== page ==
Neuro Diseases: Benign Paroxysmal Positional Vertigo
Benign Paroxysmal Positional Vertigo (BPPV), sometimes simply called as benign positional vertigo as the name implies is a vertigo condition which occurs in certain positions and usually occurs on recurrent basis (paroxysmal).
Vertigo may be described as a type of dizziness where patients experience rotating or spinning experience of their body or the surroundings, or both. There are an abundant number of causes for vertigo and BPPV is an important cause especially in older people.
What causes BPPV?
Inside the inner ear there are structures what we call as semicircular canals and they help with maintaining the head and body position without causing a sense of imbalance. These canals are connected with structure called as utricle. Utricle contains small stone like structures called as otoconia (a calcium salt) and in some people they may detach from the utricle and enter the semicircular canals and then cause BPPV.
How do these patients manifest?
Recurrent episodes of vertigo are the characteristic feature of this condition. It is precipitated by sudden change in head and/or body positions including abrupt standing, turning, rolling over etc. Nausea and vomiting can occur too.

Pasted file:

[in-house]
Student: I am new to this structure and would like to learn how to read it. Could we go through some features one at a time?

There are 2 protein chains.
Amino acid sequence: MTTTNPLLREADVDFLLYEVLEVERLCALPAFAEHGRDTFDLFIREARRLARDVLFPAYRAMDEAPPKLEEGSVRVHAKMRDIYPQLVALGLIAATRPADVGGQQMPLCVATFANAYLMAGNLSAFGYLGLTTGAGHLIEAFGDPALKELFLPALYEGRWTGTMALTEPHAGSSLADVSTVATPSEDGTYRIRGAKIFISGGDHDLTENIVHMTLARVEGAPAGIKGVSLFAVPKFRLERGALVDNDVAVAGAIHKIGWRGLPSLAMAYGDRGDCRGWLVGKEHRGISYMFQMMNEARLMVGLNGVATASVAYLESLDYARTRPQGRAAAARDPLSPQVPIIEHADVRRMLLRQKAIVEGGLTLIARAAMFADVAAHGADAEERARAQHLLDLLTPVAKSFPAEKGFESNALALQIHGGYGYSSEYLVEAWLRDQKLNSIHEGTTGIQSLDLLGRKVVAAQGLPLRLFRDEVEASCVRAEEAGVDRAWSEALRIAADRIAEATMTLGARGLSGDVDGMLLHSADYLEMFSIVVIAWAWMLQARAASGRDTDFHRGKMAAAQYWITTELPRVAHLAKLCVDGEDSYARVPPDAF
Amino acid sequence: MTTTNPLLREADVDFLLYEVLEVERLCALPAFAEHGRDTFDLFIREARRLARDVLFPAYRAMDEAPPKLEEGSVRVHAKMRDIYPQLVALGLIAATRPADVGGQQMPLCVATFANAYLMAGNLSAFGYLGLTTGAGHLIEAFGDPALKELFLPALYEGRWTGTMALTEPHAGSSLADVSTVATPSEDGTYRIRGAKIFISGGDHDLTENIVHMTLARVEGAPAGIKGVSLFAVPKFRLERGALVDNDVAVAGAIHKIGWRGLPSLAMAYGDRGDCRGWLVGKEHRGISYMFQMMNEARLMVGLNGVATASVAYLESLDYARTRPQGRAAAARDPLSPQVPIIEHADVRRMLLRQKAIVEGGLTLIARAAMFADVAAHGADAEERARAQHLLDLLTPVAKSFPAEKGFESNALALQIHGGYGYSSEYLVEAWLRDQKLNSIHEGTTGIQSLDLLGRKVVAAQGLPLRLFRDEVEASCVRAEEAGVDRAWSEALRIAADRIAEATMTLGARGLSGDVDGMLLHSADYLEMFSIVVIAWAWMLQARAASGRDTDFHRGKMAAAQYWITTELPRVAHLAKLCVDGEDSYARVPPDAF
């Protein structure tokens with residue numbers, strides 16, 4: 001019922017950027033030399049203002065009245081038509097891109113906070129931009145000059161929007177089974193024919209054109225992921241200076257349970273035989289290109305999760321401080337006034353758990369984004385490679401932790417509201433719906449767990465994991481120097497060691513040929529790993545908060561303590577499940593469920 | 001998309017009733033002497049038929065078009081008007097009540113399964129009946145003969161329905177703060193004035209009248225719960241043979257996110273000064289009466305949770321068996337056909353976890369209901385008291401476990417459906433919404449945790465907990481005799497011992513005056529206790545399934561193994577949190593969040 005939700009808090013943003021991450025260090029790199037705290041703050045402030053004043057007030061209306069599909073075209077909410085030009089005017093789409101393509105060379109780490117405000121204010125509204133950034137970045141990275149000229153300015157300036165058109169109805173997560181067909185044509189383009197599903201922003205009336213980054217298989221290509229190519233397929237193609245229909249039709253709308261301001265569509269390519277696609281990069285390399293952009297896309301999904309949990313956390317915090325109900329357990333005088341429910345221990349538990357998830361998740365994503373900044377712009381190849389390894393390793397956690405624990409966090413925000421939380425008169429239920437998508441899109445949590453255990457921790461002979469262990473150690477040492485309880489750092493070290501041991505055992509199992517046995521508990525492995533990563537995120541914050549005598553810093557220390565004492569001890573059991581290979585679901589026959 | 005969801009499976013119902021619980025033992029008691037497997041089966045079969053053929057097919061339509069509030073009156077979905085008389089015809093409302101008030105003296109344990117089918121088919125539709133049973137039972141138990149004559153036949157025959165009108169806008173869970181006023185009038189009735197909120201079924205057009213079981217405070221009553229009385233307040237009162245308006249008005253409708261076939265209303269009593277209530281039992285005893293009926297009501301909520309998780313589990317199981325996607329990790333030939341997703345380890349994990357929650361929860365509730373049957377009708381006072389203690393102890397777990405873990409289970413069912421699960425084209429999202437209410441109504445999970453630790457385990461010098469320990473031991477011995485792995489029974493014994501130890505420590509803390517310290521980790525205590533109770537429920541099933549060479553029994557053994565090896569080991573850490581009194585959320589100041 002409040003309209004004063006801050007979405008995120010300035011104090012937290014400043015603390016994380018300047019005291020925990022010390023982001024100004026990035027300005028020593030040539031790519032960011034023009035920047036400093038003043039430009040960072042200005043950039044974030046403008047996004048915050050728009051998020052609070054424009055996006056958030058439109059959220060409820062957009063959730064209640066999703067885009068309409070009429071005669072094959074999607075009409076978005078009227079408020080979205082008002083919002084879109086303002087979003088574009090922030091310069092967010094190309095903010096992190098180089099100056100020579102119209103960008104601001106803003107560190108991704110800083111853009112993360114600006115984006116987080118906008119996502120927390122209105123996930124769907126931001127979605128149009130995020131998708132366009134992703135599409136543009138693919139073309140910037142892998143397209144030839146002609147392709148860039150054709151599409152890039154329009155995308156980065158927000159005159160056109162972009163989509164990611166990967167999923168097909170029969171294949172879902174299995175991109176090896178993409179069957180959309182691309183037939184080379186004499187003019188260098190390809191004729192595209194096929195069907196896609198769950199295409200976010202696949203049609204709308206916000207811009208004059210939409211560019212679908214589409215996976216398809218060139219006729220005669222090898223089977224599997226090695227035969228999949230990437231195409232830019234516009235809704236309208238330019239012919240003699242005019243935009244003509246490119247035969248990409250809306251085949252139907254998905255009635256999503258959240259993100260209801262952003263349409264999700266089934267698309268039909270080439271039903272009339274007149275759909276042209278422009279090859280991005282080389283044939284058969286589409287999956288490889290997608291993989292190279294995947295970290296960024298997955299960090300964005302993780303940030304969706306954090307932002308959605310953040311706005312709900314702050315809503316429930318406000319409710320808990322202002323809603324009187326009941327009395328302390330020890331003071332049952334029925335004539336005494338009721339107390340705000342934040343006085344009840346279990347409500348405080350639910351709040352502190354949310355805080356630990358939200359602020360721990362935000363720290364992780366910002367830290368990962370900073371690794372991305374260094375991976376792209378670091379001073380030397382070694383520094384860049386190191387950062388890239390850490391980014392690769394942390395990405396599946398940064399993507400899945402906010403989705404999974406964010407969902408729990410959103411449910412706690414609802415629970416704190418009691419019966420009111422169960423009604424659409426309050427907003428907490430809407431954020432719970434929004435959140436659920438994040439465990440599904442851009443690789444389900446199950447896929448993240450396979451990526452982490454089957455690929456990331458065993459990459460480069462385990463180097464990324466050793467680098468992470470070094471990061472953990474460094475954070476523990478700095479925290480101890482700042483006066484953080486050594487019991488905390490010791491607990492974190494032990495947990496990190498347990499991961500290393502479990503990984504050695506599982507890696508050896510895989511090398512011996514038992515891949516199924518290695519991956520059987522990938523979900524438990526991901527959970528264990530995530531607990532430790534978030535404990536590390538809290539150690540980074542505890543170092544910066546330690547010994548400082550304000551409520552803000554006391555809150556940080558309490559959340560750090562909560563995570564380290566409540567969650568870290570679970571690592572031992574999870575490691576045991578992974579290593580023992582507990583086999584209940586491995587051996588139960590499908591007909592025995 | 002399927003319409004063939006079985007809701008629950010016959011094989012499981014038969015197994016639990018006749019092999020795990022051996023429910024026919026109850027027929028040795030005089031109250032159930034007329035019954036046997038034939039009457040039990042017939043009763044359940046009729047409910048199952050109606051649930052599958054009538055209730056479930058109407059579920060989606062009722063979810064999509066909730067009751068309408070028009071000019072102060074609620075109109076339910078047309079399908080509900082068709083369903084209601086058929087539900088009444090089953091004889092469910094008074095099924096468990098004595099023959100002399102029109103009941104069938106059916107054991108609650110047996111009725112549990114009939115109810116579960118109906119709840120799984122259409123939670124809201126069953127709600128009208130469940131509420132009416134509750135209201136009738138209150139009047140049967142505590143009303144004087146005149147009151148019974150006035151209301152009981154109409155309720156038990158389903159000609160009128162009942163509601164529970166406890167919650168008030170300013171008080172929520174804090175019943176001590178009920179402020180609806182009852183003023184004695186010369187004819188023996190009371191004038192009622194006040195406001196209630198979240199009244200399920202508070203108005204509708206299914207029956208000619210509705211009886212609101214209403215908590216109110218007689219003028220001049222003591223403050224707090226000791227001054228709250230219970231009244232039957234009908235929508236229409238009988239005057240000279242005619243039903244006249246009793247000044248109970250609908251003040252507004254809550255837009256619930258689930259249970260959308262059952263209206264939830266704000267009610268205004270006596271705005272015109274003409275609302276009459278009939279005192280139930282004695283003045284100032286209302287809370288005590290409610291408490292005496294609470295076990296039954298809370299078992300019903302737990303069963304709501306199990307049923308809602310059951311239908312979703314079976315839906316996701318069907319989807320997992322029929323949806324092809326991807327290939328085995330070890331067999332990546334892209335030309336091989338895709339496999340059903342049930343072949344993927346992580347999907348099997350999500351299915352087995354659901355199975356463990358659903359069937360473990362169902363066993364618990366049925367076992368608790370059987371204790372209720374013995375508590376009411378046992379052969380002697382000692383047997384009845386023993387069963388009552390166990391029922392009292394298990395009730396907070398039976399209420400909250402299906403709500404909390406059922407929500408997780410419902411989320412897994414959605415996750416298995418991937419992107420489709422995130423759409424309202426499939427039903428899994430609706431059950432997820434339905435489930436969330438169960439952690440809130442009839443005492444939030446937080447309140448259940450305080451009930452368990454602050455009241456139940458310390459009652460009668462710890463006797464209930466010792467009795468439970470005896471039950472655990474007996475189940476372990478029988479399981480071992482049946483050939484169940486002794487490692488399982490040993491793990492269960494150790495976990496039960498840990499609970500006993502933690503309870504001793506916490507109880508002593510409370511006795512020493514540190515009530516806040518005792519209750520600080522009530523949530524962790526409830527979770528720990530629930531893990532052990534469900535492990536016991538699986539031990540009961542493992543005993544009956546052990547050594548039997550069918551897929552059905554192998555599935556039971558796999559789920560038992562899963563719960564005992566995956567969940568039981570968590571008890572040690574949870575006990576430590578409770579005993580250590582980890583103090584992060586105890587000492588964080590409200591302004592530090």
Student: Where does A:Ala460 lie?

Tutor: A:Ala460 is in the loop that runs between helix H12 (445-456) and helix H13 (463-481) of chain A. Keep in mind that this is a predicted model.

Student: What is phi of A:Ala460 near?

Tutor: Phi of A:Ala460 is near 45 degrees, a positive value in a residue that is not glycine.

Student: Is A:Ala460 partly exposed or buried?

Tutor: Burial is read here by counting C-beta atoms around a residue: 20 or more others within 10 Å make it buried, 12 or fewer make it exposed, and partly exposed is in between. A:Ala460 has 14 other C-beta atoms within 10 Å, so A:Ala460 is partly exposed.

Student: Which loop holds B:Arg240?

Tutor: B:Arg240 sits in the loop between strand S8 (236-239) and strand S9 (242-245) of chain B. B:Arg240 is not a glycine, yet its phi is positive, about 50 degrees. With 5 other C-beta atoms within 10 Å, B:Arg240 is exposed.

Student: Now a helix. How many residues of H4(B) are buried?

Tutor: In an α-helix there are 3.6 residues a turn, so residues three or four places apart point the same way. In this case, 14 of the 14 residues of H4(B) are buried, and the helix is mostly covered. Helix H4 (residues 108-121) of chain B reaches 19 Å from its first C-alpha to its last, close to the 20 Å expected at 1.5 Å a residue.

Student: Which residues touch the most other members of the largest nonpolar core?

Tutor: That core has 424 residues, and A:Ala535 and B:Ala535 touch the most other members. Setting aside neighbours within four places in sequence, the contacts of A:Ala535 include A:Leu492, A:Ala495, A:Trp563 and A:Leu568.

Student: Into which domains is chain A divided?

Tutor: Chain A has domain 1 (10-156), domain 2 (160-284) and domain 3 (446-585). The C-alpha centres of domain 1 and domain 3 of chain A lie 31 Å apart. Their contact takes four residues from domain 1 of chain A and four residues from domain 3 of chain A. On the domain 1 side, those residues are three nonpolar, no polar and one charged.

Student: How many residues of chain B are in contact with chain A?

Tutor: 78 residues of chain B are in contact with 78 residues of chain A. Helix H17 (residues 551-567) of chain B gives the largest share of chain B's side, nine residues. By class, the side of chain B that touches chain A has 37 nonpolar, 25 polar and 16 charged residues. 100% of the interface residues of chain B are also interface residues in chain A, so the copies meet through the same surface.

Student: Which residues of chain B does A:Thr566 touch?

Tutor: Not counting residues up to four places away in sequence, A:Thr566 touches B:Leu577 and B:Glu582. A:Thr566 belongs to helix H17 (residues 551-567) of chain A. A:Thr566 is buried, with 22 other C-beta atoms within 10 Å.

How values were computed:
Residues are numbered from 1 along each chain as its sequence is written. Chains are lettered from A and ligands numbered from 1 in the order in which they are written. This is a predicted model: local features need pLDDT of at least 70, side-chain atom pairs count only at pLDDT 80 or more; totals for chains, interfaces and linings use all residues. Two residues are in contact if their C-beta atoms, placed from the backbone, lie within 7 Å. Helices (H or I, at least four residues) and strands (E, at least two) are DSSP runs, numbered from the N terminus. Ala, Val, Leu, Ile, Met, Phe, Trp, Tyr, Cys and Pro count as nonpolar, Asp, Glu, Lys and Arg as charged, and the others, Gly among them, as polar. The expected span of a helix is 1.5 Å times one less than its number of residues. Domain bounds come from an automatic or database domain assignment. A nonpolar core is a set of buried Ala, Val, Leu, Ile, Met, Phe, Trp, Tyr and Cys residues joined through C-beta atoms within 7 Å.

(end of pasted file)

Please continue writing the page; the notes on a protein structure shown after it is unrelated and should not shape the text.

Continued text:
As a rule no focal neurological symptoms like weakness, numbness, facial or cranial nerve manifestations are expected with BPPV as it is a condition occurring outside the brain (in the inner ear area).
A good clinical history and examination is of paramount importance for diagnosis of this condition. A clinical test called Dix Hallpike maneuver is done to see whether patients symptoms can be reproduced by moving the head and neck into certain positions, also whether a characteristic peripheral type nystagmus (rapid eye movement) can be produced.
A video nystagmography is a very useful test to support the diagnosis of BPPV/peripheral vertigo and nystagmus.
MRI of the brain (or CT) are not needed most often except in borderline cases.
Epley (more favoured in US) & Semont are couple of vestibular exercises that may help with these patients. Medications like Meclizine, betahistine may help during very severe acute attack.
Refractory patients may require surgical treatments.
A neurologist and ENT surgeon are frequently involved in the management of patients with Benign Paroxysmal Positional Vertigo.
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